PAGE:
We have a new website with a fresh range of services available. You can visit it here and let us know what you think.

In an emergency always call 999

Q. What do Specials do?

  • Patrols to tackle Anti-Social Behaviour.
  • Providing reassurance to local communities by talking with members of the public.
  • Contribute to policing busy town centres during evenings and weekends.
  • Respond with officers to incidents reported by members of the public.
  • Working as members of local Safer Neighbourhood Teams within our communities offering crime prevention advice and visiting local schools.
  • Policing local events including football matches, parades and charity events.
  • Raising awareness of force initiatives and campaigns. 

Q. What does it take to be a special?

To join the Special Constabulary no formal qualifications are needed, but you will be expected to successfully pass the recruitment process and meet all of the eligibility criteria. Common sense and good communication skills are helpful. Other useful qualities include dedication, motivation and an ability to remain calm in stressful situations.

Q. What are the eligibility requirements to be a Special Constable?

Be of British nationality, a commonwealth citizen or citizen of the Irish Republic, and in good health and of good character. You may apply to become a Special Constable from the age of 18. You must also have lived in the UK for the last three years.

Q. How much time is a Special Constable expected to commit?

As a Special Constable in Derbyshire, you are asked to commit an average minimum of four hours per week on a regular basis. However, if your other commitments allow, you can do more than four hours.

Due to the investment required in every person who undertakes the Specials training, we expect each candidate to serve a minimum of 12 months with Derbyshire Constabulary as a Special.

Q. How long does the application process take?

We aim to process applications as quickly and efficiently as possible and will keep applicants informed at all stages of the process.

Q. How long does the training take?

As a Special Constable in Derbyshire you can choose between weekends or mid-week training courses. Whichever you choose, your initial course is covered in 22 days of training. The sessions can take place over 11 weekends or just over four weeks. Once at a station, you will be required to attend further training classes to expand your knowledge of the law.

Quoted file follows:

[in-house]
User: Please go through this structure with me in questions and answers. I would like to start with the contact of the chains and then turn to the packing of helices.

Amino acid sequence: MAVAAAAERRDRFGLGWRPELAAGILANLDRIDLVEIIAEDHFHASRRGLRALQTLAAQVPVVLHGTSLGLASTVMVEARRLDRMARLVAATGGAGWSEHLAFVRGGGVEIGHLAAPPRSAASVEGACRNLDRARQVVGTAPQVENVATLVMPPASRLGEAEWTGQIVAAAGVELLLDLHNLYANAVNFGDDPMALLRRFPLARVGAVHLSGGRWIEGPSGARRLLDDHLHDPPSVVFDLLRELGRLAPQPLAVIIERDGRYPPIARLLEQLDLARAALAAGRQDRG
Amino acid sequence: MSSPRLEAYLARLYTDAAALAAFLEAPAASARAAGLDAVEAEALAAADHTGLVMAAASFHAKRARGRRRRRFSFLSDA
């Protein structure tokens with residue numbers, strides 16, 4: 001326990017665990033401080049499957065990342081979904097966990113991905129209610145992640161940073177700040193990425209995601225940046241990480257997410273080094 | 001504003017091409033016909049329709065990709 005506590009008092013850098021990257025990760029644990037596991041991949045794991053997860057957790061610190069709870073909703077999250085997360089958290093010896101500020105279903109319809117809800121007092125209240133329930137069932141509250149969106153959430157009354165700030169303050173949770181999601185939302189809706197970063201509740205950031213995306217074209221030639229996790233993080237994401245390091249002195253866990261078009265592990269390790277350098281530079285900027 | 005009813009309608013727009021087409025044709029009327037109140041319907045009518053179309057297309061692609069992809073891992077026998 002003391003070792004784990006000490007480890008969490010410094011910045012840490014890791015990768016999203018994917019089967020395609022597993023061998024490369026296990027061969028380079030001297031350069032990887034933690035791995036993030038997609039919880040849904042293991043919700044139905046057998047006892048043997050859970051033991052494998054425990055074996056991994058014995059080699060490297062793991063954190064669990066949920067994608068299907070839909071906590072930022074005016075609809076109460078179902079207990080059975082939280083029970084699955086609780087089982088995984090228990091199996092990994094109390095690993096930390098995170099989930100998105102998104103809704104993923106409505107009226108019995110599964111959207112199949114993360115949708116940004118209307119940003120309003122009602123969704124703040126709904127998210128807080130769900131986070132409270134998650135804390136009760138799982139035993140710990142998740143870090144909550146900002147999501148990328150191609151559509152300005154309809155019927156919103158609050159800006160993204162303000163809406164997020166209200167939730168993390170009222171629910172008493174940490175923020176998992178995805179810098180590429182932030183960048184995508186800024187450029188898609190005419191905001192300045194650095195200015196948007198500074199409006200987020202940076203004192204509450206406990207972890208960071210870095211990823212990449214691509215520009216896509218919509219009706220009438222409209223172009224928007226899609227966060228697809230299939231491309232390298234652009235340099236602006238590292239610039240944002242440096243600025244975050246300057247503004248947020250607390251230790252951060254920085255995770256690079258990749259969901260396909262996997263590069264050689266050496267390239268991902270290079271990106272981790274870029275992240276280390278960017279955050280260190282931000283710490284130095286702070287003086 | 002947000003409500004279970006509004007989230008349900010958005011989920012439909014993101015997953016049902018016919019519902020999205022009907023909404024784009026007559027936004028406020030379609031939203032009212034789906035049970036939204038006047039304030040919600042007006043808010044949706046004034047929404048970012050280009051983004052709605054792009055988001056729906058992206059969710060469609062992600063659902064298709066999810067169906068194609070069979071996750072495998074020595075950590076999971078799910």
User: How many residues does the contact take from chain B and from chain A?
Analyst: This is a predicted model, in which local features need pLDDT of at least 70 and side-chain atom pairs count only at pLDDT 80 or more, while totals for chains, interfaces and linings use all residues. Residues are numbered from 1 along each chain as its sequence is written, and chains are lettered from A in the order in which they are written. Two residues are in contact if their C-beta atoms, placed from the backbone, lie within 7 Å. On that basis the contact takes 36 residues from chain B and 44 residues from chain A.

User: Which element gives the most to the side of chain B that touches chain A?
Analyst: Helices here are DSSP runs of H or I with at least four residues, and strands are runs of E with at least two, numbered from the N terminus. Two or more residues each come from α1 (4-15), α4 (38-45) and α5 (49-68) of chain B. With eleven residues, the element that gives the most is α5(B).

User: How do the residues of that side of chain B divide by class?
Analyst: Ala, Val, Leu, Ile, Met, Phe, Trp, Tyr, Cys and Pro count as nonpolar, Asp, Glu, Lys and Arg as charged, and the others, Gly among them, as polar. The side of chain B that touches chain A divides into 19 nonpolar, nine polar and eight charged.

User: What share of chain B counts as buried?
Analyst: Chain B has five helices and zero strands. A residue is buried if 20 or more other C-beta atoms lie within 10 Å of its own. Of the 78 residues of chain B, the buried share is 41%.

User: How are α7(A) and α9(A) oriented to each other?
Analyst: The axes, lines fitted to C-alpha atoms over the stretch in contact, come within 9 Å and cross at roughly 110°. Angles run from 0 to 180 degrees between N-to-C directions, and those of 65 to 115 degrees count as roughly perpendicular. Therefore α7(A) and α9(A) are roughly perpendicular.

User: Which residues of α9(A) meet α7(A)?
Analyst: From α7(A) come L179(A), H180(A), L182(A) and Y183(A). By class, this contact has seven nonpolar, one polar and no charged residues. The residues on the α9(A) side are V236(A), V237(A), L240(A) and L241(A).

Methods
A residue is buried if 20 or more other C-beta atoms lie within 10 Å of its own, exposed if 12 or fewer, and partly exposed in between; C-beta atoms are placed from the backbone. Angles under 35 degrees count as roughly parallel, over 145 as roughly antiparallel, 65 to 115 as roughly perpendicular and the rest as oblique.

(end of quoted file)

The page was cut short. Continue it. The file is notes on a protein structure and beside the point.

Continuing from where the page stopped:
Q. How much training will I receive?

The role of constable is a demanding one and as you would expect our training must be comprehensive and effective. The programme takes you through basic law, powers of arrest, police and court practices and evidence. Training then moves to a practical phase going out on accompanied patrol. You will then move to the final phase where you report for duty with your shift colleagues and build up your skills and experience. This final phase lasts up to 18 months and throughout you are assessed as to your progress against defined levels of competence. On successful completion of the programme, you will be formally recognised with independent patrol status - able take your place on your shift as fully trained and capable of patrolling and dealing with incidents on your own when required.

Q. Will it cost me anything?

No. All uniform, training and equipment are provided free of charge. There is no salary payable, but expenses for travel to and from duty are refunded along with a ‘boot allowance’ and meal expenses in some circumstances.

Q. Will I get any allowances or expenses?

Special Constables in Derbyshire get an annual allowance of £75.00 which is subject to a number of hours being performed over the course of the year. You will also be provided with your uniform and travelling expenses.

Q. What uniform and equipment will I get?

You will receive the same uniform and equipment as a uniformed police officer during your induction training.

Q. Am I too short?

No. There are no height restrictions to becoming a special.

Q. Do I need perfect eyesight?

As part of the role you may be required to give evidence, so eyesight and colour perception is important. The wearing of force-issued spectacles or contact lenses are permitted but the degree of eyesight correction must only be slight. Please call the recruiting team if you require further information or clarification.

Q. Where would I work?

Generally, you will be posted to a Local Policing Unit close to where you live. As a volunteer, we would not ask you to work anywhere against your will. Under some circumstances we may exclude you from duty within a certain area and ask you to help somewhere else, but a full explanation would be given.

Q. How do 'regular officers' react to specials?

Special Constables are welcomed for the support they bring to the force. Many police officers were once special constables themselves, gaining an insight into the job before committing themselves to a full-time career.